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College freshman forms 'incredible bond' at adult day care center

Mary Lois Garvin, 93, and Caleb Clements, 19,  have become fast friends at the  Creative Living Learning Center. Adult Day Health. Clements  started as a class project but continues to come several times a week.
Mary Lois Garvin, 93, and Caleb Clements, 19, have become fast friends at the Creative Living Learning Center. Adult Day Health. Clements started as a class project but continues to come several times a week. Photos by Mary Meehan

Caleb Clements first came to the Center for Creative Living Adult Day Care because he needed to complete 10 hours of community service for a class.

The University of Kentucky freshman has now put in more than 50 hours since the school year started.

Clements, 19, said he picked the center because of its location — situated inside the Lexington Senior Citizens Center off Alumni Drive. It's close to campus and easy for Clements to get to.

There is something about Clements' low-key vibe that has connected with the people at the center. Especially 93-year-old Mary Lois Garvin.

"They just have an incredible bond," said Anne Redmon, the recreational therapist at the center. When Garvin knows that Clements is coming, she lights up, Redmon said.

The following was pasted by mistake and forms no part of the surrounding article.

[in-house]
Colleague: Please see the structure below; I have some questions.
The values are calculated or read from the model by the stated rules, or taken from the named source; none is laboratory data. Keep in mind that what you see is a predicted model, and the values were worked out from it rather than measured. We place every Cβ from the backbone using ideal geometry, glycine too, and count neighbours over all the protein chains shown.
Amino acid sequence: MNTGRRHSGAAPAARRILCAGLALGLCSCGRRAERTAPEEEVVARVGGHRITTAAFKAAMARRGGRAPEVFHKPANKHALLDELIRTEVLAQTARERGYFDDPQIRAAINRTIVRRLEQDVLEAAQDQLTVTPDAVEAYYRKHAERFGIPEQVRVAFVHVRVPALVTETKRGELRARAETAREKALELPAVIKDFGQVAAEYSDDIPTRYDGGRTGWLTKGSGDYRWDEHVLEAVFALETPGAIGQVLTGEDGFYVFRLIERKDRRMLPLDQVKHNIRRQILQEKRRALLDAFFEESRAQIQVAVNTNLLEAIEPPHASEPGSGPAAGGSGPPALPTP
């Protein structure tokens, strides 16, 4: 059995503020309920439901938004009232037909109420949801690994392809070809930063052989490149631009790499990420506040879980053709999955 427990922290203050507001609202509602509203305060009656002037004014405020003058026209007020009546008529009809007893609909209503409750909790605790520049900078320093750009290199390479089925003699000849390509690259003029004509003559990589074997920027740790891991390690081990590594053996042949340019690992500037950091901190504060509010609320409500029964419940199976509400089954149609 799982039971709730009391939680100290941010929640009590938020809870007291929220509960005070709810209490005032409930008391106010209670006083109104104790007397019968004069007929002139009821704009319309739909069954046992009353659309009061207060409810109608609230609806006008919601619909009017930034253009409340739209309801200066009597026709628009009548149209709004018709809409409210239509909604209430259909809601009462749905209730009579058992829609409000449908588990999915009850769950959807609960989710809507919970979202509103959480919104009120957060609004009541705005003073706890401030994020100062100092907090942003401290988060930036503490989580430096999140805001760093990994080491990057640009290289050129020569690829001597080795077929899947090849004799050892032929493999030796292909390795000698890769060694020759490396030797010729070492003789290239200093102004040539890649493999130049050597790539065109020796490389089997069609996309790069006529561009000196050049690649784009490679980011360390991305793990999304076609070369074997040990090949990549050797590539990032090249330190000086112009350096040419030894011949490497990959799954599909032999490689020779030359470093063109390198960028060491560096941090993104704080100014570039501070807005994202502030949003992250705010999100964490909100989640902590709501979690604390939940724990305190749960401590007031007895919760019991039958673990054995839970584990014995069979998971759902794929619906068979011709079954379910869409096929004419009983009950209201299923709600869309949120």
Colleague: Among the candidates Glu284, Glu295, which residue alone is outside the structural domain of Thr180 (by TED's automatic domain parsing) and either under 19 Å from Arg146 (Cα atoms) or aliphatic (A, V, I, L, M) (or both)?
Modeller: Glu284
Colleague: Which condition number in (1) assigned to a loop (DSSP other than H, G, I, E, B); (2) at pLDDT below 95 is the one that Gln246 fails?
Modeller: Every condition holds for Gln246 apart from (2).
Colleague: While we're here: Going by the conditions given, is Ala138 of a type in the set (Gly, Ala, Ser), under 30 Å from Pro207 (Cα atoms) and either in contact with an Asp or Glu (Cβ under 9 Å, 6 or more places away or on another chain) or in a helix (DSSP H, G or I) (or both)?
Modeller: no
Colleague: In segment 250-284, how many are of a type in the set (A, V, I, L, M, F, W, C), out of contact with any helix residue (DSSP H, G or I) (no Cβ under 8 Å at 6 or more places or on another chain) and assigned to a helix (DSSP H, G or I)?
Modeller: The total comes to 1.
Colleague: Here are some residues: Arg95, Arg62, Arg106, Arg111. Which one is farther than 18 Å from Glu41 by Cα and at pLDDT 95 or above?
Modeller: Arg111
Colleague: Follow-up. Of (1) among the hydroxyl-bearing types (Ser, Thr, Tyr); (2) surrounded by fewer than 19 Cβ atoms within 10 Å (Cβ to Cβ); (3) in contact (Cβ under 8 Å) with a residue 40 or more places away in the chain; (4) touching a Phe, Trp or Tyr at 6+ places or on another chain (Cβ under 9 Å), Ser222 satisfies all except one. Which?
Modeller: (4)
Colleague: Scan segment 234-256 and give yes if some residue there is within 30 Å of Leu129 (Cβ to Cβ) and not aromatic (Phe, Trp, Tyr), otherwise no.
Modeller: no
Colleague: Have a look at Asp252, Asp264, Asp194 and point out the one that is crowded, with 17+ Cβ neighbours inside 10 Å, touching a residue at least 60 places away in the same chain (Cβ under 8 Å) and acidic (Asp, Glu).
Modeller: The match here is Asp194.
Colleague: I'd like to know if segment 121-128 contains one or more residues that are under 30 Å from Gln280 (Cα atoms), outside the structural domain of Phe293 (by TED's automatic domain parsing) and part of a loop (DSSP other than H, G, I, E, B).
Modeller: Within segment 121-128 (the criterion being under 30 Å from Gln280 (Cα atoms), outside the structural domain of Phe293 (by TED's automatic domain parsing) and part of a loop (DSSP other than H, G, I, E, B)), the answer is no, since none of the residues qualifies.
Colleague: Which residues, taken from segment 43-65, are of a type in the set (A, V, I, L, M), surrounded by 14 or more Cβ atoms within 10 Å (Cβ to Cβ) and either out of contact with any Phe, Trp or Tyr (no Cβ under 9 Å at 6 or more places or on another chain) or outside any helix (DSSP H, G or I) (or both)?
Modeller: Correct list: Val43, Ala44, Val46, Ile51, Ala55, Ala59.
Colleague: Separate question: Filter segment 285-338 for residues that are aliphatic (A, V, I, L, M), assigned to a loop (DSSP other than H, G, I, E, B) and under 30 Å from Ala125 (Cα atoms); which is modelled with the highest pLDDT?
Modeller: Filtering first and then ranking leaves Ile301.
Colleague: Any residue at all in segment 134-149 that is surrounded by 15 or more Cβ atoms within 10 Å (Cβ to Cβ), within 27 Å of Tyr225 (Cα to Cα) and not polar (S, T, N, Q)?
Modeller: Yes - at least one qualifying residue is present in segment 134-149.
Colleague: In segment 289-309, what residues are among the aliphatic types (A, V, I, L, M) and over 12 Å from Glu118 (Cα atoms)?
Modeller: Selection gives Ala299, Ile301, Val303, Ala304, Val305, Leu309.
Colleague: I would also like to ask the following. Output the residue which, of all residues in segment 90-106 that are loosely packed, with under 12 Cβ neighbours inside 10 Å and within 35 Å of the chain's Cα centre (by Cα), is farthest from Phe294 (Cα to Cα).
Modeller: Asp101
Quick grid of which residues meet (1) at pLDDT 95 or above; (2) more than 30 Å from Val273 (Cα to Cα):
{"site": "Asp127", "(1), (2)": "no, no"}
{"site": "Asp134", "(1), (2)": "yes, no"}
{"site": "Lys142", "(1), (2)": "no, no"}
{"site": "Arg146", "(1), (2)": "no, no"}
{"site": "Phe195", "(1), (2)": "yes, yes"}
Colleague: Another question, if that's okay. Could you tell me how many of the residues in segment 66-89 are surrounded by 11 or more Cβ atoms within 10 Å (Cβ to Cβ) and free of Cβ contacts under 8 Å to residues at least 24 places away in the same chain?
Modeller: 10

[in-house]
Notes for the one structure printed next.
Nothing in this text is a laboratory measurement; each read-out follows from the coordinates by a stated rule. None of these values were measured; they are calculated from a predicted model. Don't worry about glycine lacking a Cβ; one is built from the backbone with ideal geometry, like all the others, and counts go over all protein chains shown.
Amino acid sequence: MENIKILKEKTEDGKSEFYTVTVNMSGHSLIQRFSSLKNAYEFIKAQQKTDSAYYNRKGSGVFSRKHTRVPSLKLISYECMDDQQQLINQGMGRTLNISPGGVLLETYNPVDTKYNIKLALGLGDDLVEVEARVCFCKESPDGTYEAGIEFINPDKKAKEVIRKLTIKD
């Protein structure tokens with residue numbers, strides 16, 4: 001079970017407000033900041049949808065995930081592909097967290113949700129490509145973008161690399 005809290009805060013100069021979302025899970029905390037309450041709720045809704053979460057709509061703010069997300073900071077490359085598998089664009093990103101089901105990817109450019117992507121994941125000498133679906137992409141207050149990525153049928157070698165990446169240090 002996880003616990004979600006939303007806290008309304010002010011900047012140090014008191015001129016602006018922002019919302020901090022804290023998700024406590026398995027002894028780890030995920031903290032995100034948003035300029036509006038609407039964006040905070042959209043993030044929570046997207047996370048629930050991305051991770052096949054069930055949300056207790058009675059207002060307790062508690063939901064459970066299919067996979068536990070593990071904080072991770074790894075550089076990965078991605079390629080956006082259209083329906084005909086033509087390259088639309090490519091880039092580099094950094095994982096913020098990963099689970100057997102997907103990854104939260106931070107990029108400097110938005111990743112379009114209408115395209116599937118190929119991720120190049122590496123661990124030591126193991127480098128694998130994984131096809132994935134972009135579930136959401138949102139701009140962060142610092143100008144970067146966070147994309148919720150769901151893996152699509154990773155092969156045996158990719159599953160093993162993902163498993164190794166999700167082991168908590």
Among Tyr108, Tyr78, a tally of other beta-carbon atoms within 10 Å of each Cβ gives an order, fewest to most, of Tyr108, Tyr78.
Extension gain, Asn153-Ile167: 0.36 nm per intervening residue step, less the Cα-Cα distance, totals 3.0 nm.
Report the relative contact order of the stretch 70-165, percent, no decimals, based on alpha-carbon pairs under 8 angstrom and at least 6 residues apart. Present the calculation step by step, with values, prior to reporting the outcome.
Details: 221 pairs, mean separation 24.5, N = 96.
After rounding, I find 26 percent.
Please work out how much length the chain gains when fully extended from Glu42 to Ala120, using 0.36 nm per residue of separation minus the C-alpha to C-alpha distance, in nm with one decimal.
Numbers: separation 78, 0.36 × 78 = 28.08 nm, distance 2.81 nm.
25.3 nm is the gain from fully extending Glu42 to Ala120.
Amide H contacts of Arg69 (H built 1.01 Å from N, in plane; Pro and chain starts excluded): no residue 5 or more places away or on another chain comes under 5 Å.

"She always says, 'Be sure to get out our game.'"

Their game is Connect Four, a vertical tic-tac-toe.

On a recent day, Clements played Connect Four with Garvin and Ann Robinson.

"So, I have to get four?" asked Robinson, seeking guidance from Clements.

"Yes, ma'am," Clements responded, deftly dropping a black checker into a slot.

"So, now it's your turn?" asked Garvin, leaning close to plot her next move.

"Yes, ma'am," said Clements, before returning to his other opponent. "That's right. You're getting close there with three."

And so it went on for a good 30 minutes as he played the children's game with the two women.

Most of the center's clients suffer from Alzheimer's or dementia, and they can get easily agitated and confused. But Clements "somehow just fit right in," Redmon said. There's something in his low tone and gentle way that makes the clients comfortable.

Clements apparently enjoys it, too. He even showed up one day when the clients weren't there. They'd gone on a field trip.

Redmon said Clements helps with arts and crafts, plays games with clients, helps them with Bingo, whatever is needed.

Clements said he'd done a little volunteering when he was a student at Lafayette High School, but nothing serious.

He doesn't really know what clicked for him at the center, exactly. Working with seniors isn't part of his career plan. He's majoring in accounting.

"I just liked it. Everybody here was really nice," he said.

And anytime he's there volunteering, he said with a grin, "time just flies."

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